On August 24, 2014 there was a big earthquake centered in Napa, CA, which is right in the heart of California’s wine country. The quake was about 6.2 and was the biggest Northern California earthquake in 25 years. It caused a lot of damage and injured about 70 people. Fortunately, as of today, no one has died. Thousands of bottles of wine were destroyed and a lot of old brick buildings were damaged.
As crazy as it was, the plan after teaching at Mendocino was to drive to my friends John and Theresa Frei’s new home. John is co-owner of Otto Frei Jewelry Equipment in Oakland, CA. He and Theresa recently purchased an 18-acre vineyard and remodeled the old house on the property. Their new home is just 7 miles from Napa. As soon as I heard about the earthquake I texted John to make sure everything was okay. He said the house shook like crazy, but that absolutely nothing happened. Not even a glass fell over.
I lived in California for almost 50 years and have experienced countless earthquakes. While there certainly are exceptions, for the most part, rural, single story, wood-framed houses do really well in earthquakes. It’s the multi-story unreinforced masonry structures that are packed together in cities that are super dangerous. John and Theresa live in a wood-framed house in the middle of a farm. The night I spent at their house there was a 3.something after-shock in the middle of the night. It was a tangible reminder that Mother Nature is really in charge. It’s also a reminder to not have a big aquarium next to your bed in California!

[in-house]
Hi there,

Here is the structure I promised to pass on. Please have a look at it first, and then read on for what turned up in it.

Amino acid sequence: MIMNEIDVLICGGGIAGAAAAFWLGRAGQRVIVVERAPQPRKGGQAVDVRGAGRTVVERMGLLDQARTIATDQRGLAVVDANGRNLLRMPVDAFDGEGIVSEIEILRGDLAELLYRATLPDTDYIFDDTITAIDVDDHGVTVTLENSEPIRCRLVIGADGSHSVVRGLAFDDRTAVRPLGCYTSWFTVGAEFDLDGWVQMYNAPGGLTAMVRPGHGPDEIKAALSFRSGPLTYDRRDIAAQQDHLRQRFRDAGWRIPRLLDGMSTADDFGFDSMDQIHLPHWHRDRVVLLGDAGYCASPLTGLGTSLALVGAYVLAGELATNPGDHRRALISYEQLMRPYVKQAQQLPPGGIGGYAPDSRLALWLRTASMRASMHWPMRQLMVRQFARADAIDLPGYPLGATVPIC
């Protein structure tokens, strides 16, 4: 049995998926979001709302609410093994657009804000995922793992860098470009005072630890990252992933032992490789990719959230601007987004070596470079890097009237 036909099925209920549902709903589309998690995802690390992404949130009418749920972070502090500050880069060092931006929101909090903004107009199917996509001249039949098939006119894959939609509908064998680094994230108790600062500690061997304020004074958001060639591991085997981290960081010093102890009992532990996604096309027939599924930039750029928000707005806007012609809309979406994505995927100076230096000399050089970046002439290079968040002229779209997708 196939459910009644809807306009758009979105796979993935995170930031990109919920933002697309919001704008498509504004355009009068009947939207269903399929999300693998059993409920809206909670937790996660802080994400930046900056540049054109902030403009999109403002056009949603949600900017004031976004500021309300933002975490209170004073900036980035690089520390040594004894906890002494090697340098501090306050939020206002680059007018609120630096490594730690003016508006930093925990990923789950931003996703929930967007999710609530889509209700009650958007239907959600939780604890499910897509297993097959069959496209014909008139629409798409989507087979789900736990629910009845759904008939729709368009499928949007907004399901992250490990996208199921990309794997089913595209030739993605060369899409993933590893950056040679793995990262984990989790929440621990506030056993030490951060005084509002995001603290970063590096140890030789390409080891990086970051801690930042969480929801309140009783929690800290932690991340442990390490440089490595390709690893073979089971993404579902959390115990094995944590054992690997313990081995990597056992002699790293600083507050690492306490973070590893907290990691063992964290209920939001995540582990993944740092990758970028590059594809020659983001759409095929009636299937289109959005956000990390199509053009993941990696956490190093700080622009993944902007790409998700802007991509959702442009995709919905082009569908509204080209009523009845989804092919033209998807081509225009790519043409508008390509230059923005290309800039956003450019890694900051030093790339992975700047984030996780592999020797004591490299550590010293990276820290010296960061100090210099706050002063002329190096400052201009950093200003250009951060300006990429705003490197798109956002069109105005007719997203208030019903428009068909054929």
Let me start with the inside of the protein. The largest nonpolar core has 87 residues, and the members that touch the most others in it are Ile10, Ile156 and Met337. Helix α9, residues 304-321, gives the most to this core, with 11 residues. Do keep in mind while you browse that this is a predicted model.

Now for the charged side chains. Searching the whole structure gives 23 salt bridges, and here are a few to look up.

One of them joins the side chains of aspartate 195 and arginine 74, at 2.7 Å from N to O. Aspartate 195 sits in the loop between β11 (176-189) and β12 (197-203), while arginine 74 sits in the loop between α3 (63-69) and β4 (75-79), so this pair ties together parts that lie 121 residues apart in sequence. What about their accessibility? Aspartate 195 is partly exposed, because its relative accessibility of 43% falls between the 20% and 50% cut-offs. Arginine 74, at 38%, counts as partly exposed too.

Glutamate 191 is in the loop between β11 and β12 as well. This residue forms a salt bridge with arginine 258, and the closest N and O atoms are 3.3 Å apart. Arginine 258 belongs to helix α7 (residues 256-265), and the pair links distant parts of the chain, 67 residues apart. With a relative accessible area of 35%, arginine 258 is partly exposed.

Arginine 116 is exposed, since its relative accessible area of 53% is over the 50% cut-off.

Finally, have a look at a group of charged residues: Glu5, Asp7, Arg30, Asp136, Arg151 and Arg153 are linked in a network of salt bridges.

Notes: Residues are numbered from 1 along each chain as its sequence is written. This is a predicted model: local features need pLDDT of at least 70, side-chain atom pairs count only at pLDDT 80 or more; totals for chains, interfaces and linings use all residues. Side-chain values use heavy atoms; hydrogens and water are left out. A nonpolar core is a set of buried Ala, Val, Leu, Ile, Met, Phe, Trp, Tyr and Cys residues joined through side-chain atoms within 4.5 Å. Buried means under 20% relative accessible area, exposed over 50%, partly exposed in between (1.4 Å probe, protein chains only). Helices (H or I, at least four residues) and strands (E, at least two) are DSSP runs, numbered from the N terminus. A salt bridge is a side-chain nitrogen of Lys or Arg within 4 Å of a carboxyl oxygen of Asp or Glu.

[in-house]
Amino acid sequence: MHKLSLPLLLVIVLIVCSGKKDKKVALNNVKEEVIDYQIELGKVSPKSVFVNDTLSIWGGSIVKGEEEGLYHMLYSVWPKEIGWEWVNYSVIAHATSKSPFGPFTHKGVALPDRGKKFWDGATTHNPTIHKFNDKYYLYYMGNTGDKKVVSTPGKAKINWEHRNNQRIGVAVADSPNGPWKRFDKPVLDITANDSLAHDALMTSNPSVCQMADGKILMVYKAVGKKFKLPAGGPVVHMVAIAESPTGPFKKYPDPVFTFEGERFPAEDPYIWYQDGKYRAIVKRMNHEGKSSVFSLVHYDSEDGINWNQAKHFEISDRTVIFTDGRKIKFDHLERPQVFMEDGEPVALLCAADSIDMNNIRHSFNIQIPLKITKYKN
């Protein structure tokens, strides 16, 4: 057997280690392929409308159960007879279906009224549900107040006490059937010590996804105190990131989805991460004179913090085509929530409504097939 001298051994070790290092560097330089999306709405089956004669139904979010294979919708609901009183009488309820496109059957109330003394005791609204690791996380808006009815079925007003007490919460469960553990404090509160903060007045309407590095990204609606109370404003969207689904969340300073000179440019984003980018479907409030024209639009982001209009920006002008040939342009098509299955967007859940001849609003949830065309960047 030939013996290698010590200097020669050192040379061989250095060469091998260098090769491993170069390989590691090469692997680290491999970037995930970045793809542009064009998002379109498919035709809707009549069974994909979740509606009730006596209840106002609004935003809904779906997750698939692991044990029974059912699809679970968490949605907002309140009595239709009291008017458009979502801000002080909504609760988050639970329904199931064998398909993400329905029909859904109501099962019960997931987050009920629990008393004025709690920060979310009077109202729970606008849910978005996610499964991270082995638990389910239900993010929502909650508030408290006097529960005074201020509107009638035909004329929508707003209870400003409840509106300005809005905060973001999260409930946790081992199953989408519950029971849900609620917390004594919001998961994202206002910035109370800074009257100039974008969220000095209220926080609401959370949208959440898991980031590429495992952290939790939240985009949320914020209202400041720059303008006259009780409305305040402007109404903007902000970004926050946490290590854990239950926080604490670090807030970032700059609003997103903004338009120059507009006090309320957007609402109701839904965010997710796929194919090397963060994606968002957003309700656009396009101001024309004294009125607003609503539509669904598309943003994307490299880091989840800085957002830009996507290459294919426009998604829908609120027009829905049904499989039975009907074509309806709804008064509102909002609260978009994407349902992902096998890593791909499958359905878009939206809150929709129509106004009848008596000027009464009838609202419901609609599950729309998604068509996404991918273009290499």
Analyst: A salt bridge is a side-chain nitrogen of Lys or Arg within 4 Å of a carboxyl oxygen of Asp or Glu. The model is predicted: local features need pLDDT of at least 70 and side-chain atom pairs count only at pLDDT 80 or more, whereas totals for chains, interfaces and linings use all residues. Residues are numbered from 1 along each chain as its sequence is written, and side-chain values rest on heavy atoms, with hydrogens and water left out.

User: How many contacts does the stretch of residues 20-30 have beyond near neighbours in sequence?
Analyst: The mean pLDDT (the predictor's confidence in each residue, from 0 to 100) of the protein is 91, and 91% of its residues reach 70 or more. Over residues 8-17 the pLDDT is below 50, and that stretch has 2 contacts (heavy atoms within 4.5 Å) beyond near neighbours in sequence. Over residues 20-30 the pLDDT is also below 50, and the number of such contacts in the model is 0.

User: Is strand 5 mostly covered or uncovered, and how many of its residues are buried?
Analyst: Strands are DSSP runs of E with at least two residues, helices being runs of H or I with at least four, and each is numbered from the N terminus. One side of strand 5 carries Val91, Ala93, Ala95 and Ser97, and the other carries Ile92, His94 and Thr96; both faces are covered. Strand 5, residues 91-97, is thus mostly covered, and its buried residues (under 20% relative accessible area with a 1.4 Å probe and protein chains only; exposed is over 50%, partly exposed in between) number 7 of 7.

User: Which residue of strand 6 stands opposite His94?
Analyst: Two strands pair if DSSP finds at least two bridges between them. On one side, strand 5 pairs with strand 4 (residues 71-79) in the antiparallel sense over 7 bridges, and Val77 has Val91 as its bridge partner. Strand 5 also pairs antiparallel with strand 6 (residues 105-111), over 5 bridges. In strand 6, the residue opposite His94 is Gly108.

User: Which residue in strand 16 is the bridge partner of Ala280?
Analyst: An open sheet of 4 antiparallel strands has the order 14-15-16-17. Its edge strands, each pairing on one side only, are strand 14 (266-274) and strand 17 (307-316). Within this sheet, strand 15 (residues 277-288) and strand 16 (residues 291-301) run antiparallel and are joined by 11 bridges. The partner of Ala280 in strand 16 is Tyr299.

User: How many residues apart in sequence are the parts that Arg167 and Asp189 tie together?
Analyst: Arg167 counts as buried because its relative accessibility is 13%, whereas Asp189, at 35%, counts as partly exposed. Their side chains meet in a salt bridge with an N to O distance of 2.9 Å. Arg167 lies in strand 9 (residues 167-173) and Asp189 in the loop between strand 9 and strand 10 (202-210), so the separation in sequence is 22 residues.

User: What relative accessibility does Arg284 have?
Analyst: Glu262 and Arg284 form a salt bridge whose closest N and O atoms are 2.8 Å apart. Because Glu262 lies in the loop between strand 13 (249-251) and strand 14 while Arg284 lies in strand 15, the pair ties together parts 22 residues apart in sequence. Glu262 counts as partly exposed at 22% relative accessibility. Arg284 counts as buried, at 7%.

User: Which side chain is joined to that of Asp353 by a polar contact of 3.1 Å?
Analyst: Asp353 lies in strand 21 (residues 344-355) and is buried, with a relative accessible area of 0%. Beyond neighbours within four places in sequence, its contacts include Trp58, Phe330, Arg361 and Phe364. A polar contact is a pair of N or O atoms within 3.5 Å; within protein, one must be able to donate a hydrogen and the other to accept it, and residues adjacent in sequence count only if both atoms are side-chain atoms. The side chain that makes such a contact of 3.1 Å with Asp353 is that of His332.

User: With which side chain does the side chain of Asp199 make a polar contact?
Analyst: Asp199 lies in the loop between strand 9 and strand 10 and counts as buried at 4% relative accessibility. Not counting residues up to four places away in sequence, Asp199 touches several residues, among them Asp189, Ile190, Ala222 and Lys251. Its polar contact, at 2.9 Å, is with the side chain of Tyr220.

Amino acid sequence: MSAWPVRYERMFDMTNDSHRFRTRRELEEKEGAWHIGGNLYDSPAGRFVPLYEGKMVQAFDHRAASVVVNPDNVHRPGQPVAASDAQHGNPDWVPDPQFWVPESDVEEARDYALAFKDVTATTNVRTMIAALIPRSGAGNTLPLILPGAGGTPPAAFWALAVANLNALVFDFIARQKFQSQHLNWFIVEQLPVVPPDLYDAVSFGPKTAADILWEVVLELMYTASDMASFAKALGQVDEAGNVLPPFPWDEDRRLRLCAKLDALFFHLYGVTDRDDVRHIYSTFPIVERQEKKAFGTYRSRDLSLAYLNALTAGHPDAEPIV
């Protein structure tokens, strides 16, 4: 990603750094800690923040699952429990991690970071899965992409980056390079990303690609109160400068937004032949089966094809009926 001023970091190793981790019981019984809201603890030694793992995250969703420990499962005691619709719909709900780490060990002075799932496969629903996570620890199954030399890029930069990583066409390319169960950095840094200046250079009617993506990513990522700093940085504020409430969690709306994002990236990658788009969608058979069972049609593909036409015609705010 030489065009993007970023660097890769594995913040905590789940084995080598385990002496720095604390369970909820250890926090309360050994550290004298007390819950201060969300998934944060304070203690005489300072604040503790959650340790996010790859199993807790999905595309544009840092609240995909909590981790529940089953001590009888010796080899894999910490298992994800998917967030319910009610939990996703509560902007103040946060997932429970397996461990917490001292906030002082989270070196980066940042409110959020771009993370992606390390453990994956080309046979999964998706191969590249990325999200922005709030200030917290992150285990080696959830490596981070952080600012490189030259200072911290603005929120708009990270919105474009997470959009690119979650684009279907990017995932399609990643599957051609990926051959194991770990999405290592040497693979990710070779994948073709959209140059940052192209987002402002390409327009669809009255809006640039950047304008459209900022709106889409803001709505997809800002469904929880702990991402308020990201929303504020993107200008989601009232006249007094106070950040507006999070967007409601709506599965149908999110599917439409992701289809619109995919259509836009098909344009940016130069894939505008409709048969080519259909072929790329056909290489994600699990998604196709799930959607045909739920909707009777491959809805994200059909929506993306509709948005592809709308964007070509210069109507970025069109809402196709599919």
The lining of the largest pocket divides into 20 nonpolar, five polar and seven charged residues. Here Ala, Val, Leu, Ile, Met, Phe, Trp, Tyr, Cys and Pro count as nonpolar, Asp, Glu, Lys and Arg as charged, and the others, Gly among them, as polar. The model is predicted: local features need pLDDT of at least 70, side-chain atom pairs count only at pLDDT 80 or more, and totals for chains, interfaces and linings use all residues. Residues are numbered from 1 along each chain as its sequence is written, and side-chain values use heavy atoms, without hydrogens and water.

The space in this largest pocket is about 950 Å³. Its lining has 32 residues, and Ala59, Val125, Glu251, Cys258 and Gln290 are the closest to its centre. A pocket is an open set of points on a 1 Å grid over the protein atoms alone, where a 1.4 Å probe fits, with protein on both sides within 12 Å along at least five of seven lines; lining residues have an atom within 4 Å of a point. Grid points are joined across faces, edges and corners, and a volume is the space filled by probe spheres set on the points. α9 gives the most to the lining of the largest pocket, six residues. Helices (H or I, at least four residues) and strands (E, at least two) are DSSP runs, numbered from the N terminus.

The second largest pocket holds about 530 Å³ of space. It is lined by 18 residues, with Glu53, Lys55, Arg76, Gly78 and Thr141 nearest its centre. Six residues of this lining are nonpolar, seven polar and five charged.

It was super fun hanging out with John. Within minutes of being there we jumped on tractors and drove around the property. I was fascinated by how good wine grapes taste and I couldn’t stop eating them. John gave me a bag of freshly picked pinot grigio grape clusters and a couple of bottles of his pinot grigio wine. Next, I’m headed to Trinidad, CA, my old home town, to have a reunion with some of my oldest friends. I’m really excited to have a fresh grape & wine tasting combo with some well-aged college buddies.